The word of the day is “anchor.” So many people these days are drifting. The currents of society are carrying them one way and then another. Subtle and almost irresistible influences are assailing believers and unbelievers. Our reading of Hebrews 6:13-20 offers us the only defense from manipulating these social forces. The apostle writes, “This hope we have as an anchor of the soul, both sure and steadfast…” (NKJV vs. 18). Today our reading helps us to realize that nothing in this swirling world is unchanging. But this passage teaches us to look to our hope in the Eternal God to keep the sweeping forces of worldliness from overwhelming us.
The thing about drifting is that we don’t notice it. We aren’t aware of it unless we have some fixed point to orient ourselves. But our society provides no such marker. It offers us fashions, styles, trends, and fads that give us a momentary direction in life. But they are constantly changing, and they enslave us to inconstancy.
Losing Our Grip in the Tsunami of Worldly Influences
In the swirling milieu of today’s world, people with sense try to grab onto something that will hold them fast against the tides that sweep them along. But like those who try to hang onto a pole or branch in a tsunami, they finally lose their grip and are plunged into the surging water.
The wise eventually realize that nothing in this world is constant, fixed, or certain. Therefore, there is no possibility that we will find something we can depend on as long as we are tied to this earth. Consequently, we would be doomed to constant cycles of despair except for one thing, something that this world seems to forget. There is a higher reality beyond this swirling universe. There is the eternal God “with whom there is no shadow of turning” (OSB James 1:17).
Hope is the Anchor For Our Souls
Our reading proclaims that believers have a connection to this Eternal God. As an anchor is to a ship, so our hope in Christ is to our souls. That anchor is sure and steadfast (OSB vs. 19) because it is fixed to the Almighty, who is faithful and unfailing. The promises of God, His calling and His gifts, are both true and irrevocable (OSB Romans 11:29). So, the anchor of hope in Him will hold through all the storms of life and the currents of the changing world.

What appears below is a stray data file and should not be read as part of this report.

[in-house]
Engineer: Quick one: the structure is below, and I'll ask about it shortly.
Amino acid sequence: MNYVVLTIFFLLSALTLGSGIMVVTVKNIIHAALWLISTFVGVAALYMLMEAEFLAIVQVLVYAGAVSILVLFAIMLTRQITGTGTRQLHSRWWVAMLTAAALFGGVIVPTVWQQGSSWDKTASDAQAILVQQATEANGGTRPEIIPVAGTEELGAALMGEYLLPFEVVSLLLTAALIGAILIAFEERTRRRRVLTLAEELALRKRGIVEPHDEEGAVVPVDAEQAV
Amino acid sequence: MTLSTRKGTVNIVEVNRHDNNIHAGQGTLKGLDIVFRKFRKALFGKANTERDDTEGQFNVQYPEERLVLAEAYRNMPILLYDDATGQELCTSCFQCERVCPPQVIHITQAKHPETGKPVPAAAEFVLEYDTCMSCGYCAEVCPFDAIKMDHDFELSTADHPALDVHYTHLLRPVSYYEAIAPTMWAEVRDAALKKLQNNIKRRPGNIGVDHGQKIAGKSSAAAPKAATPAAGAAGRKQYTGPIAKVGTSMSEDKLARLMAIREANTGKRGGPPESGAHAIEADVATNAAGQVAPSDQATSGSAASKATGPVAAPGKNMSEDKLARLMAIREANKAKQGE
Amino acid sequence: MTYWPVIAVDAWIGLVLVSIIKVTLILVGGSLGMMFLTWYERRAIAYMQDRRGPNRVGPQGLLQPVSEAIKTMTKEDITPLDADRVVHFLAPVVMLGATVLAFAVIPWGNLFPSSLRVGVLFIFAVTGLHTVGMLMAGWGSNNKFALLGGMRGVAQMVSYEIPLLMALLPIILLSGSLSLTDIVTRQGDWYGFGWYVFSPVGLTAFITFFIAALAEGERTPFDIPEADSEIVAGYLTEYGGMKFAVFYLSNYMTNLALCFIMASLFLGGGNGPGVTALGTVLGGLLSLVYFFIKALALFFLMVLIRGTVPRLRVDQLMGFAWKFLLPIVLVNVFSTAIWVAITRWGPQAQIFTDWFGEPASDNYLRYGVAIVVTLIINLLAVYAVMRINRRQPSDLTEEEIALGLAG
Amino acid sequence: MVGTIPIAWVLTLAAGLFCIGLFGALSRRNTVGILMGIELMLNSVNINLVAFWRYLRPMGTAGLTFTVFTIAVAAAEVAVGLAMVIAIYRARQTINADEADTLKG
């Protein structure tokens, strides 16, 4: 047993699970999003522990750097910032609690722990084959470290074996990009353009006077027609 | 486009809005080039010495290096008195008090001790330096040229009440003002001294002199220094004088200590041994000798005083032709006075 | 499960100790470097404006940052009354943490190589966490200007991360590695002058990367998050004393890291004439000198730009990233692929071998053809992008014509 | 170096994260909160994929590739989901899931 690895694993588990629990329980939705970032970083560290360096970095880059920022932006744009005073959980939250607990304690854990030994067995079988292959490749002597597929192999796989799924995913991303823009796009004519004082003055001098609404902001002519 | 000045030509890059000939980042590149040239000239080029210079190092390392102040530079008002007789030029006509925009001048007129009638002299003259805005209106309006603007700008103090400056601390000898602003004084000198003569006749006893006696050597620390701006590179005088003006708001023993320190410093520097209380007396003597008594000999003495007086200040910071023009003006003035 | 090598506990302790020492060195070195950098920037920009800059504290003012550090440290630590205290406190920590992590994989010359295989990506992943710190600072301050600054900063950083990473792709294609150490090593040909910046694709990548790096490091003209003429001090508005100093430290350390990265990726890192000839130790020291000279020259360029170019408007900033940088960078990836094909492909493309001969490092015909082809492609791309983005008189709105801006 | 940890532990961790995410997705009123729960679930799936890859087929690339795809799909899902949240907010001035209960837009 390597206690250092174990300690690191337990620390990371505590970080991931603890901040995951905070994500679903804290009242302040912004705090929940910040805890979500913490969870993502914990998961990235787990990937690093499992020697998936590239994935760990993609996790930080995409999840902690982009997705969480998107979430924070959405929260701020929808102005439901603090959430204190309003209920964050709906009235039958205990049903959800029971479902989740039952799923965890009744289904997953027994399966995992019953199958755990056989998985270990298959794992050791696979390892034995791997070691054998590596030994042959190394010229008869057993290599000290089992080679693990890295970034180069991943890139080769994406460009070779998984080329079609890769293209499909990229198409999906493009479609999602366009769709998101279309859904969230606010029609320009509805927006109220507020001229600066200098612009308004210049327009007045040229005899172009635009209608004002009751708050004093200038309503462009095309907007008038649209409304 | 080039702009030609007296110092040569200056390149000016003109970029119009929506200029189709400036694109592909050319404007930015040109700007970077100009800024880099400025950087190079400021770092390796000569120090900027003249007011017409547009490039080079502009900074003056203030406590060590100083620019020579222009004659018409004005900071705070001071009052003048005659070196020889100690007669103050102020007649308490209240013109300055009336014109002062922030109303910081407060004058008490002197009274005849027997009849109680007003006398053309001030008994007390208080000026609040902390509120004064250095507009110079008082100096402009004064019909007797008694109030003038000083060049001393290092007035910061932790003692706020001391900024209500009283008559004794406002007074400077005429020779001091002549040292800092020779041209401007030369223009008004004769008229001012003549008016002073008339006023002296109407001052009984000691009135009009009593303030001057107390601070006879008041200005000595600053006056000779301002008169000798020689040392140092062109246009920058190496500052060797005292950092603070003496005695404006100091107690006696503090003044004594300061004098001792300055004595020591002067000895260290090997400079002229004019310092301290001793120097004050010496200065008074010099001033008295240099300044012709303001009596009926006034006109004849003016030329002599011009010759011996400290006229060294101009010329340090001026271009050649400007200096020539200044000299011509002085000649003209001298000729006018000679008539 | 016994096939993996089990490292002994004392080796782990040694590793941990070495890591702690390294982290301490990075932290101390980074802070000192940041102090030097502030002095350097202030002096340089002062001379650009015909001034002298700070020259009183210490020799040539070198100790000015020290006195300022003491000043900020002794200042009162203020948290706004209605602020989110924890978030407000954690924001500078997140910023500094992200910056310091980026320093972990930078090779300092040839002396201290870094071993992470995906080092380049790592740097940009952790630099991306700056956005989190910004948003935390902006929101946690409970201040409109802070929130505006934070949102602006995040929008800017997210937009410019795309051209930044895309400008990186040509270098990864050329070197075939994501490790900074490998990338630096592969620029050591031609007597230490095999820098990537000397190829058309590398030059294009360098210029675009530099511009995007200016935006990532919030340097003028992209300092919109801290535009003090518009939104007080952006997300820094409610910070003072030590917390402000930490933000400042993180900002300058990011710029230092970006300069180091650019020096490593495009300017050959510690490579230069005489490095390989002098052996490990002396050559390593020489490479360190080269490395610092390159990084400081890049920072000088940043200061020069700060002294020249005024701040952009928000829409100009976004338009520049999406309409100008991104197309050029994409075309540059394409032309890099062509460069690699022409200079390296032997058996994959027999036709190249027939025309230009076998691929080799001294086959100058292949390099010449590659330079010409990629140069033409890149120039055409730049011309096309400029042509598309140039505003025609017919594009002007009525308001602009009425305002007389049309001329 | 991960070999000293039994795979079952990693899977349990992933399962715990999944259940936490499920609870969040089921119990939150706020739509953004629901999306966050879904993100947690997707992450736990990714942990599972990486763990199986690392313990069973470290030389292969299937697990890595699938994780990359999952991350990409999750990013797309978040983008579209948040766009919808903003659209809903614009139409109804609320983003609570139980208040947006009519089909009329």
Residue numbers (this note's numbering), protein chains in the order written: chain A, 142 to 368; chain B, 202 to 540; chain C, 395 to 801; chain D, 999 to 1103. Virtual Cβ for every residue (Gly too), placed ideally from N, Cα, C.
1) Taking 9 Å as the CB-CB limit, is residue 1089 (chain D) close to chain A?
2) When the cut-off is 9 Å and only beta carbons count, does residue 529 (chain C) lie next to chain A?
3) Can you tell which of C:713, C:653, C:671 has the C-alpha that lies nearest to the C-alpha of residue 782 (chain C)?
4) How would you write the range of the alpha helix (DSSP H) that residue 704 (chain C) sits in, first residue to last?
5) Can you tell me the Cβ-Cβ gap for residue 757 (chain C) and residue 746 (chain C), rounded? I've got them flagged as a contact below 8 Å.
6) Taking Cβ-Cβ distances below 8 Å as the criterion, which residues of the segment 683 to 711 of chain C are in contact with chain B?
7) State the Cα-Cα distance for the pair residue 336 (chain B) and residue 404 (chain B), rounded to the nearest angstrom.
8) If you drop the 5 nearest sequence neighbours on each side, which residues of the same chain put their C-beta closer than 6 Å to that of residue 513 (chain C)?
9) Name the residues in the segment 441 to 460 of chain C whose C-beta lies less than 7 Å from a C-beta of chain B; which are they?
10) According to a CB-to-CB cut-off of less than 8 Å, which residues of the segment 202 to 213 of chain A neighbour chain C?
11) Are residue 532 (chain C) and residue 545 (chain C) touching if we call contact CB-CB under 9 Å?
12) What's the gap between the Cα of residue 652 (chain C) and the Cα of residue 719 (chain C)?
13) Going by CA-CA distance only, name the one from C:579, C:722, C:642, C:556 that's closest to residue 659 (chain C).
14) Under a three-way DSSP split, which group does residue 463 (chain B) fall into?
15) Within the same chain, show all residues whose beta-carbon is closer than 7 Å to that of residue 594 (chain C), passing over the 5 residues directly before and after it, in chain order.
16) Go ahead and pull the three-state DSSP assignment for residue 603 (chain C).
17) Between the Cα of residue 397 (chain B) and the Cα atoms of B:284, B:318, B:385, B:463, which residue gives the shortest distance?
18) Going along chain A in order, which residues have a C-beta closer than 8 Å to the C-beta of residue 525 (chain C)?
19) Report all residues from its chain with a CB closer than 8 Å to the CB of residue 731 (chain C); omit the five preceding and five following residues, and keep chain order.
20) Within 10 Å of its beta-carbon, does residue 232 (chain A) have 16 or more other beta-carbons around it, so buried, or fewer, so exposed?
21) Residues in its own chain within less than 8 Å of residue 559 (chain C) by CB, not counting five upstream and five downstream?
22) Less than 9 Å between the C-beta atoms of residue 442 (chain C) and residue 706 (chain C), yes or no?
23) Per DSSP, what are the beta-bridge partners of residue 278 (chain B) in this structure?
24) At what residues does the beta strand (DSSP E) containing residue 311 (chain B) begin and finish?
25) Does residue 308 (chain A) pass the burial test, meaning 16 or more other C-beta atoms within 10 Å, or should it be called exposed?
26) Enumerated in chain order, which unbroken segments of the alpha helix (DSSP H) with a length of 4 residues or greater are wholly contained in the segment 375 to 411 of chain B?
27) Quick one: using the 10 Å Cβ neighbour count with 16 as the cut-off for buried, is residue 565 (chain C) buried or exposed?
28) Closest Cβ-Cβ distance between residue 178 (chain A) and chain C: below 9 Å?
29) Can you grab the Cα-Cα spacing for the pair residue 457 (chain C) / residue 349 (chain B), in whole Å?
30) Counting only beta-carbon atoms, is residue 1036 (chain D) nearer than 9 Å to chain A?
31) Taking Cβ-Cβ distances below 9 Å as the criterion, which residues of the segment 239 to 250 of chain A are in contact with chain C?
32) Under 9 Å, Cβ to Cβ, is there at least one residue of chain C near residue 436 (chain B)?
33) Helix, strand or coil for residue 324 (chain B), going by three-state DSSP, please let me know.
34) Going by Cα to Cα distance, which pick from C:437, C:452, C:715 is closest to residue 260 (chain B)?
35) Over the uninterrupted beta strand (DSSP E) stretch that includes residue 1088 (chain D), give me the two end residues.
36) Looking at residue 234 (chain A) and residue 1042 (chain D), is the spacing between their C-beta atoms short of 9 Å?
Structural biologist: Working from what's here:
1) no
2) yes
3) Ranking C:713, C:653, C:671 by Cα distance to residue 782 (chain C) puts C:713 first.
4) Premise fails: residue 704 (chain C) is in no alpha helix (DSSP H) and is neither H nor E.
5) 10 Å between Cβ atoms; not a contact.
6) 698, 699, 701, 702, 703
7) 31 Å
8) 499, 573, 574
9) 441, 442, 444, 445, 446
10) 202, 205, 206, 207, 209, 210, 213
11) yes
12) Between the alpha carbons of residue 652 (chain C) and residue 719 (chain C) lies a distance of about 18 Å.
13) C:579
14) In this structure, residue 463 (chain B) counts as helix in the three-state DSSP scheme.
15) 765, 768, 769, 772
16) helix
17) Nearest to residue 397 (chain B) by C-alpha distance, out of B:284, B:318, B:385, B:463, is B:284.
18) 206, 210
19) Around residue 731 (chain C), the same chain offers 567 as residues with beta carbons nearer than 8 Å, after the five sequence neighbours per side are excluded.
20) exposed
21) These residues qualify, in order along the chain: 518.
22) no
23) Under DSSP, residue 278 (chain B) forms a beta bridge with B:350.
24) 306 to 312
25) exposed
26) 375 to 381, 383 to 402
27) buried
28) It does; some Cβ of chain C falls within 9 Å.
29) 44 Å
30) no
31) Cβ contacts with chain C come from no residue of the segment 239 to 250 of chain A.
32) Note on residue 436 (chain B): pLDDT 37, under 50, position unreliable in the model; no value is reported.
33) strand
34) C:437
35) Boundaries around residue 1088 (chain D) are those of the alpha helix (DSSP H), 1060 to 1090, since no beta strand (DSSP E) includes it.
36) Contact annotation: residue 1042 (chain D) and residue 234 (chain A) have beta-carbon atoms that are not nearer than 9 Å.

Anchors lie outside the ships that they hold fast. In the same way, the anchor that holds our souls secure lies in the Everlasting God and not anything in this passing world. Paul writes that our hope in Christ is “laid up” for us in the heavens (NKJV Colossians 1:5). The Greek word means to be “stored away” or “reserved” (Strong’s 606, 36). These terms assure us that our hope in the eternal life of the Kingdom is not yet realized, yet it is kept safe for us in heaven.
The apostle says in Hebrews that the Lord has taken our hope behind the veil. The veil represents the curtain that separated the place of the Throne of God in the Holy of Holies from the rest of the temple. As the ultimate High Priest, Jesus entered the Most Holy Place with His own blood to accomplish our deliverance (OSB Hebrews 9:12). Now He keeps the hope of our redemption with Him as He sits at the right hand of God.
Faith is the Connection to Our Hope
Yet as an anchor is connected to a ship by a stout chain or cable, so our souls are attached to the hope that lies in heaven hidden behind the veil of the Holy of Holies. What is that connection? Faith proceeds from and ties believers to their hope in Christ (NIV Colossians 1:5).
As long as our faith remains strong, we have a firm grounding in the assurance of hope. This anchor orients our lives toward our ultimate goal of sharing in the eternal life of the Holy Trinity. And it can save us from the worldly influences that threaten to destroy our souls.
In this world, expectations are thwarted, anticipations disappointed, and dreams dashed. But the realization of what we hope for in Christ will be more than we could expect or anticipate. It will be more than we could ever dream possible. “Eye has not seen, nor ear heard, nor have entered into the heart of man the things which God has prepared for those who love Him” (NKJV 1Cor 2:9).
….”Yet as an anchor is connected to a ship by a stout chain or cable, so our souls are attached to the hope that lies in heaven hidden behind the veil of the Holy of Holies”….
Fr Basil, I love the symbol of an anchor and the strength and security that it implies. The thought of being connected to Heaven through Faith and Hope in Christ is very reassuring, especially in turbulent times.
Also, the image of a “stout chain” made me think about being part of a chain, a chain made by previous generations who are now in Heaven. I hope my faith will be strong enough not to break the chain of my family, and I hope one day to pass through the veil and to be reunited with them in Heaven.
That is my hope.
Thanks for your comment. I appreciate your extended interpretation of the metaphor of the chain. I like its application to Holy Tradition. God bless.